XSP  (eXtensible Session Protocol) is a framework that leverages OpenFlow to allow an
application to adjust its own path through the network. The author’s understanding
is that XSP has mitigations in place to thwart these sorts of attacks, but what
if someone designs a similar system and is not as careful? There are plenty of
implementation details that could have security consequences, and as with
cryptographic implementations, even seemingly minor details can matter. A few
potential security related questions include: Is each application responsible
for having credentials to make calls for path changes, or is the authentication
built into the OS and any application the user is running has to make an OS
call to use the SDN features?
This paper has attempted to spur an interest in Software Defined Networking amongst security practitioners. We have tried to provide a few ideas, and some practical examples, of how SDN can be both used and misused. Many of the ideas put forth in this paper are just conceptual for the time being, but we hope it inspires others to research these topics in more depth. We highly recommend going to the OpenFlow tutorial site , downloading the VM, and working though the projects just to get a feel for the possibilities. After that, experiment with how OpenFlow/Software Define Networking can be used in securing your network environment.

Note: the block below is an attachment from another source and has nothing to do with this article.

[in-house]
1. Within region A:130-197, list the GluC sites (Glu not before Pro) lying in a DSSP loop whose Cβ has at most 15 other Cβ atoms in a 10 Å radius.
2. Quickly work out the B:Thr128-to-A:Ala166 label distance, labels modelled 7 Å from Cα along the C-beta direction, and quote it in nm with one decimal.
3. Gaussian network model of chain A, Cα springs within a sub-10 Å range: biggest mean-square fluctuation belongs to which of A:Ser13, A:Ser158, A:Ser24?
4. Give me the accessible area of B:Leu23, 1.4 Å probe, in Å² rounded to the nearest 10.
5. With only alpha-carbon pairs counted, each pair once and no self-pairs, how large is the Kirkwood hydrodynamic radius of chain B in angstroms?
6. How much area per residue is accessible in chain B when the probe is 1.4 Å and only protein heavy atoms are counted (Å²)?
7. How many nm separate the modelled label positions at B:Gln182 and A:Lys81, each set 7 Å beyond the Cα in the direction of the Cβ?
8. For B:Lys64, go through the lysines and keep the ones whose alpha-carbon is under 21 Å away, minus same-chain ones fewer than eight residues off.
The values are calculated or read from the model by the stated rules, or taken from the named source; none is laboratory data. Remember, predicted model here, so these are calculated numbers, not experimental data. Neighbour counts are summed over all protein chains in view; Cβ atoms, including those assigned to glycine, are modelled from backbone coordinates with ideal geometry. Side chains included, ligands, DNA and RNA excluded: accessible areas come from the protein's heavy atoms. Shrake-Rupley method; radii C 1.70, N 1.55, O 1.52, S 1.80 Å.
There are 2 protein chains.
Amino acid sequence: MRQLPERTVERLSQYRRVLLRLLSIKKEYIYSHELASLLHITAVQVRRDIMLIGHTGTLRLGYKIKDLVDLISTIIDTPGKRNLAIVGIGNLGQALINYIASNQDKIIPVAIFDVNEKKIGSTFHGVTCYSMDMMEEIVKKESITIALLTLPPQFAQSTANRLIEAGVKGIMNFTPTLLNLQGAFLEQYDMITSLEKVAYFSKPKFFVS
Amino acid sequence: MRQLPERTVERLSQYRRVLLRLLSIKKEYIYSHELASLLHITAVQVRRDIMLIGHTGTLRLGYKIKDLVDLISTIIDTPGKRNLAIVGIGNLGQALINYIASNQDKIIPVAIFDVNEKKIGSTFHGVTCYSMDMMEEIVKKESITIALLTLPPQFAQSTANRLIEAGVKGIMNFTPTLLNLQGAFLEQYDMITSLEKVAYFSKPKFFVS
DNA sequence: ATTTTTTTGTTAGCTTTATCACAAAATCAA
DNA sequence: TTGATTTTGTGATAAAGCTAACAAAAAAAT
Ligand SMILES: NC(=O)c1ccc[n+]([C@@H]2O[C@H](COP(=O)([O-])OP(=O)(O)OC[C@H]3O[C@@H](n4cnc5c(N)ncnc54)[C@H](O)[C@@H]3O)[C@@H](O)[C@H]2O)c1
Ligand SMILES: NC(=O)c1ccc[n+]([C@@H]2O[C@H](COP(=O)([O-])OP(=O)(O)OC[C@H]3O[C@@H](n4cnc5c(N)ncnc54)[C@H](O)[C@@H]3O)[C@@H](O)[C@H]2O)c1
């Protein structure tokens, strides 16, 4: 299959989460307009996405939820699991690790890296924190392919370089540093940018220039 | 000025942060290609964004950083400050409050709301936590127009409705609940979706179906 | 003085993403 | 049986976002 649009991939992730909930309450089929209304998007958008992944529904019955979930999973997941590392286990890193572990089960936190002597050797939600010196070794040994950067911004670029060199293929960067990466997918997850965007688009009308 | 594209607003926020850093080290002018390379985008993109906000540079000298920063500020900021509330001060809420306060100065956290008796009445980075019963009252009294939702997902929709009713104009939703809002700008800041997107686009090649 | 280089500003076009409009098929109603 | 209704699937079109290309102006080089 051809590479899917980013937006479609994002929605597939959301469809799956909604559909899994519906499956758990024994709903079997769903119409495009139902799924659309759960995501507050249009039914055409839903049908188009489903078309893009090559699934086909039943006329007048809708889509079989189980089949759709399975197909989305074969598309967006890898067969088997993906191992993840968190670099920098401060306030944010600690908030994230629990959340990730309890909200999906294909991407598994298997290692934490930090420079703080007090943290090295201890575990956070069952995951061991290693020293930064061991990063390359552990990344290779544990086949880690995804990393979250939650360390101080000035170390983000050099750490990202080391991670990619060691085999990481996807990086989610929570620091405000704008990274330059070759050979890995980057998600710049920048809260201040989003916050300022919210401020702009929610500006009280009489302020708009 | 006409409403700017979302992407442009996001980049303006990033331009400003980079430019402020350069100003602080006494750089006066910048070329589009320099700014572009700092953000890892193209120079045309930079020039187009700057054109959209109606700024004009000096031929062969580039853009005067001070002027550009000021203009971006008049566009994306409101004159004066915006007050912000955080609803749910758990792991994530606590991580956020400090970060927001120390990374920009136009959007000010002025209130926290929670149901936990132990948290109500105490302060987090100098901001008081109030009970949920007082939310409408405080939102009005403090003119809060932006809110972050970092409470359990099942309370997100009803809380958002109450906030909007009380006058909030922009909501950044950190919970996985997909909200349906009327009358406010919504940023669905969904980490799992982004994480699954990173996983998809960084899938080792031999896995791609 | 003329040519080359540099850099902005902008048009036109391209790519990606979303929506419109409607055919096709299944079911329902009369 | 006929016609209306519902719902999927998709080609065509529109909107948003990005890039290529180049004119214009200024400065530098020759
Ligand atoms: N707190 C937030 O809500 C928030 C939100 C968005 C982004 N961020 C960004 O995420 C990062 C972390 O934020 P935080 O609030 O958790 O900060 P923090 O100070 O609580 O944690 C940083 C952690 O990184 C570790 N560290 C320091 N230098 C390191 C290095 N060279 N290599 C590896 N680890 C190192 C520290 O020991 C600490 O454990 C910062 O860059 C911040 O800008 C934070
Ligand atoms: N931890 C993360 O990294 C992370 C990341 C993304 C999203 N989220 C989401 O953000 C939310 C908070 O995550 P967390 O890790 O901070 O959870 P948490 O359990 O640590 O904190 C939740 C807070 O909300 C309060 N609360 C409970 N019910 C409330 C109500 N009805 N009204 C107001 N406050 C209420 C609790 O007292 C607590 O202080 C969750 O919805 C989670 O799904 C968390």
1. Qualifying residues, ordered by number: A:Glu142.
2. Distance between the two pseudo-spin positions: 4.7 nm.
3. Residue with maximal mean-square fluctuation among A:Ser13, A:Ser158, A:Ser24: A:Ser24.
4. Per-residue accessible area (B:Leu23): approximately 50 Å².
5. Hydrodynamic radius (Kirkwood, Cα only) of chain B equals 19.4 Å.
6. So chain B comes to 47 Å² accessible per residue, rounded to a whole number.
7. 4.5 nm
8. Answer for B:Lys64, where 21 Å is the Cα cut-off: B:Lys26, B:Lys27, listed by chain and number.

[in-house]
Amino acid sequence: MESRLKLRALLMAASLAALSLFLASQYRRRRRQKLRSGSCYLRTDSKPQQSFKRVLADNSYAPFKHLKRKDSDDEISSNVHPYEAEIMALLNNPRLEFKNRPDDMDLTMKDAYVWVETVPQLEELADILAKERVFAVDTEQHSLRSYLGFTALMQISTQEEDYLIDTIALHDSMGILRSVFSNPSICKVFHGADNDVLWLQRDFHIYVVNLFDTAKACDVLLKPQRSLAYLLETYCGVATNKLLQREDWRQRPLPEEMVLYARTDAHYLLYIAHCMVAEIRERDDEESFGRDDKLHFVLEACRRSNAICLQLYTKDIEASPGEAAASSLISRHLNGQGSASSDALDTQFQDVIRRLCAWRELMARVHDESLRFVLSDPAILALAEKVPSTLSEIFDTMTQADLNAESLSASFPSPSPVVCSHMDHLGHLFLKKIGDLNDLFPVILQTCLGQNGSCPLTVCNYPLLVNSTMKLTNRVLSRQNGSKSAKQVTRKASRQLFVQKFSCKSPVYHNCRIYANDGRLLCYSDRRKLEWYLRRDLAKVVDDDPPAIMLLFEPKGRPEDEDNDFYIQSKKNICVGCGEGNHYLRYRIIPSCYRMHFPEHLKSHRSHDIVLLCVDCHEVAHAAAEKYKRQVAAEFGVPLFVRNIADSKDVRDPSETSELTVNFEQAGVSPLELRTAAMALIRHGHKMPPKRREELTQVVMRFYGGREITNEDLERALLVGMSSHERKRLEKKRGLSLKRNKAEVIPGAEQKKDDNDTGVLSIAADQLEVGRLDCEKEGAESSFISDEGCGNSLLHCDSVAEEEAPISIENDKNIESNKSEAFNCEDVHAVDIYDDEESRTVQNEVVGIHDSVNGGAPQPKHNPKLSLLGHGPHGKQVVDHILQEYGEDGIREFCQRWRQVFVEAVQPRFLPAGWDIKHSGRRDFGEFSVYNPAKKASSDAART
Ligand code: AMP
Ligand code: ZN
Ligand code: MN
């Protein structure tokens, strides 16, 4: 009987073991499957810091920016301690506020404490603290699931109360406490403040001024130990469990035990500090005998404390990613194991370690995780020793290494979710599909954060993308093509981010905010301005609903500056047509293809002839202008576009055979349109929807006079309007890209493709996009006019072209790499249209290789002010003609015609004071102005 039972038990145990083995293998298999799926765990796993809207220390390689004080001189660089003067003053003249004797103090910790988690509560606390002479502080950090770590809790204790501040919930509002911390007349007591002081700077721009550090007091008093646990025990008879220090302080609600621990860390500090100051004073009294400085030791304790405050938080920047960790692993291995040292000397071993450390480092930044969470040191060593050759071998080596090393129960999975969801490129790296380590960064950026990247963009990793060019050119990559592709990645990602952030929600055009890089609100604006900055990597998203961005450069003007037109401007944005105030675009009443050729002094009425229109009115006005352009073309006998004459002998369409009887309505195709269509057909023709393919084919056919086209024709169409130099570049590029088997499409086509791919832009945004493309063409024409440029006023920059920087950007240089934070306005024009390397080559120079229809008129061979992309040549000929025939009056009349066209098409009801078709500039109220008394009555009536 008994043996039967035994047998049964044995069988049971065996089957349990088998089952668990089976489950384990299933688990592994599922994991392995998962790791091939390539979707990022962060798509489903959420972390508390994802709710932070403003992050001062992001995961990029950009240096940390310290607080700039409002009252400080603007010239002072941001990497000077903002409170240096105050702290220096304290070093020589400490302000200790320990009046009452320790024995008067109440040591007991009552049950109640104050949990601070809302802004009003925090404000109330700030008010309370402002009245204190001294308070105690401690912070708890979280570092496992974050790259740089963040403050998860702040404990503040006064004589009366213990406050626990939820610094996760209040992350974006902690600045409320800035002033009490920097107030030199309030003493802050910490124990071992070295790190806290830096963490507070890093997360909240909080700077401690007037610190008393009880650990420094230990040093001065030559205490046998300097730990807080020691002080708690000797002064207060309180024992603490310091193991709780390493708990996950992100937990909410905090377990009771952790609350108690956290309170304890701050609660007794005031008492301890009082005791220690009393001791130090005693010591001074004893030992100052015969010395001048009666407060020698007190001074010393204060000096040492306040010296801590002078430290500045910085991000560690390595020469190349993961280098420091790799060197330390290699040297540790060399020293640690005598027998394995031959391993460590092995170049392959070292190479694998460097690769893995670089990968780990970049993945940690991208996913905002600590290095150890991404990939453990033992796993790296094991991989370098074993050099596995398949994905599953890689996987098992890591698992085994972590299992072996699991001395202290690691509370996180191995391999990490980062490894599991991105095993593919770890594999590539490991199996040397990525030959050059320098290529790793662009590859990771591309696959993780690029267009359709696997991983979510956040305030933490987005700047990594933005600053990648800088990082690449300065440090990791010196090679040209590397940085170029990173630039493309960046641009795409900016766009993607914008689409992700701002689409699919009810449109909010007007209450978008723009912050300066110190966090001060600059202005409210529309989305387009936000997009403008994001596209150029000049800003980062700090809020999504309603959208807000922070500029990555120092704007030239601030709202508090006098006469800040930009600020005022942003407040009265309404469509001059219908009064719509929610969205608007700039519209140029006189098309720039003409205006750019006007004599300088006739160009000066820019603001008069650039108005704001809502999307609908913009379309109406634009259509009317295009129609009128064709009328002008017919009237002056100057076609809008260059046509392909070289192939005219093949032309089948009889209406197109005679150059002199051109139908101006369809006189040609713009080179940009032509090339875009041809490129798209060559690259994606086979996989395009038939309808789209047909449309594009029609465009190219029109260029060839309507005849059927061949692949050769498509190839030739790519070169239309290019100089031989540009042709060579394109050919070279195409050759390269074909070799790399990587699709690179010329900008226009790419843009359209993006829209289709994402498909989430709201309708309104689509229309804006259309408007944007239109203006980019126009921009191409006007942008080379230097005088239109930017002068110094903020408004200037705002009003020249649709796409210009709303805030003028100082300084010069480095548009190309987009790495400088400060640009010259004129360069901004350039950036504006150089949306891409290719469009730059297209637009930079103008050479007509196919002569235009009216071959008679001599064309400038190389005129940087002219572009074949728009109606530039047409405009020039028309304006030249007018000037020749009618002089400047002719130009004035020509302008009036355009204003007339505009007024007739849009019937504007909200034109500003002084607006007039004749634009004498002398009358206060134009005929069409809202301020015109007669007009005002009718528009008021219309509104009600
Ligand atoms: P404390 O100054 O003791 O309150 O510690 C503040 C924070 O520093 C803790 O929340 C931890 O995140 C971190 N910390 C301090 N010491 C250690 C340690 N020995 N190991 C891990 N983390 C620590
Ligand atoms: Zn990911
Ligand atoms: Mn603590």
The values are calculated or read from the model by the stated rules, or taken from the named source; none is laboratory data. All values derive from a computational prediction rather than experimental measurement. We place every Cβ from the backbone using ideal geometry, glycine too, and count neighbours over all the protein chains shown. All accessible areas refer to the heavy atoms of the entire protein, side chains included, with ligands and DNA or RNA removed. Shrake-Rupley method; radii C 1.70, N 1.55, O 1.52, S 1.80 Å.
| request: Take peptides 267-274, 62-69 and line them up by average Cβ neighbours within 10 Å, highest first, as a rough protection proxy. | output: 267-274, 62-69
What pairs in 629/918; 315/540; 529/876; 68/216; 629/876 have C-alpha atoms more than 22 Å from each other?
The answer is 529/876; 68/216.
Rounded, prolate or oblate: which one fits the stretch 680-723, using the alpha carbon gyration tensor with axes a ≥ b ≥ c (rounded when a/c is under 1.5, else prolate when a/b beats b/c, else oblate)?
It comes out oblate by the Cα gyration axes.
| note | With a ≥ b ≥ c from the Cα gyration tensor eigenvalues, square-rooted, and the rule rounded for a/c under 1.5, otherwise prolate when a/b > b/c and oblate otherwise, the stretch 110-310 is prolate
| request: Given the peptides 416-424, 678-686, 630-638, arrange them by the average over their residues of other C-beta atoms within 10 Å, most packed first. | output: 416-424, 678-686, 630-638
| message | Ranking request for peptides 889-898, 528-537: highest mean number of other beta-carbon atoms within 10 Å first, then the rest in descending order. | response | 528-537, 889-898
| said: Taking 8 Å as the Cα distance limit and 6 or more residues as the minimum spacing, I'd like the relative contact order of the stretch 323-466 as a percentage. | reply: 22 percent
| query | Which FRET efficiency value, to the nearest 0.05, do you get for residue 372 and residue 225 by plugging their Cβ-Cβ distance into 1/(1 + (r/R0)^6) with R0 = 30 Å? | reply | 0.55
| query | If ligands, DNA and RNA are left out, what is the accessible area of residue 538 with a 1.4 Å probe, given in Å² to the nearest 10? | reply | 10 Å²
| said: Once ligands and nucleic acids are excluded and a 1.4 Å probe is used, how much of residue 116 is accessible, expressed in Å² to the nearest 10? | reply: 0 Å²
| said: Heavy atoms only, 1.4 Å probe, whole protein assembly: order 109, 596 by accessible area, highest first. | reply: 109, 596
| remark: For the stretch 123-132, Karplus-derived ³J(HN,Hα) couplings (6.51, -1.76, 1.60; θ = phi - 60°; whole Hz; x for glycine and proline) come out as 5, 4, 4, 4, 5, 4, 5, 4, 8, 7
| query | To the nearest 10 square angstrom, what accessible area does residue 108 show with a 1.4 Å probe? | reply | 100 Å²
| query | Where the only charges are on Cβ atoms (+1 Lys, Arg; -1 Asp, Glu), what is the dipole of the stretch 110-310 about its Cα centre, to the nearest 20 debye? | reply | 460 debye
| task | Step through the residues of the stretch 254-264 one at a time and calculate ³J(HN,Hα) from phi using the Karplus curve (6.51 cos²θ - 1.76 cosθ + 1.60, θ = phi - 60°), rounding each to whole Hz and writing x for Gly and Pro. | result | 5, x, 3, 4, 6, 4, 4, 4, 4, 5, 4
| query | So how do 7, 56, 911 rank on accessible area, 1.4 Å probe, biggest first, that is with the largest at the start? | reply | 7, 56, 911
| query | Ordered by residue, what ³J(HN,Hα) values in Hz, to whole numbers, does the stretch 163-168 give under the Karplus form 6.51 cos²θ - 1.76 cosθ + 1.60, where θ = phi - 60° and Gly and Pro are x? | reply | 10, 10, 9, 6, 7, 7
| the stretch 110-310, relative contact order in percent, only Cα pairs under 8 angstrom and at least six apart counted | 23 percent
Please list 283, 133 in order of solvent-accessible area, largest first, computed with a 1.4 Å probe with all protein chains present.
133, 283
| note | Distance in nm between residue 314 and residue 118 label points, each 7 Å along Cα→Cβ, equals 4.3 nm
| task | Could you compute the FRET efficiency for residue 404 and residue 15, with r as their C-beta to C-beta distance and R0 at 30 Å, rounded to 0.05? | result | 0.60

Thanks to my professor/advisor Martin Swany for feedback on this paper, and Brent Salisbury for answering some of my OpenFlow/SDN questions.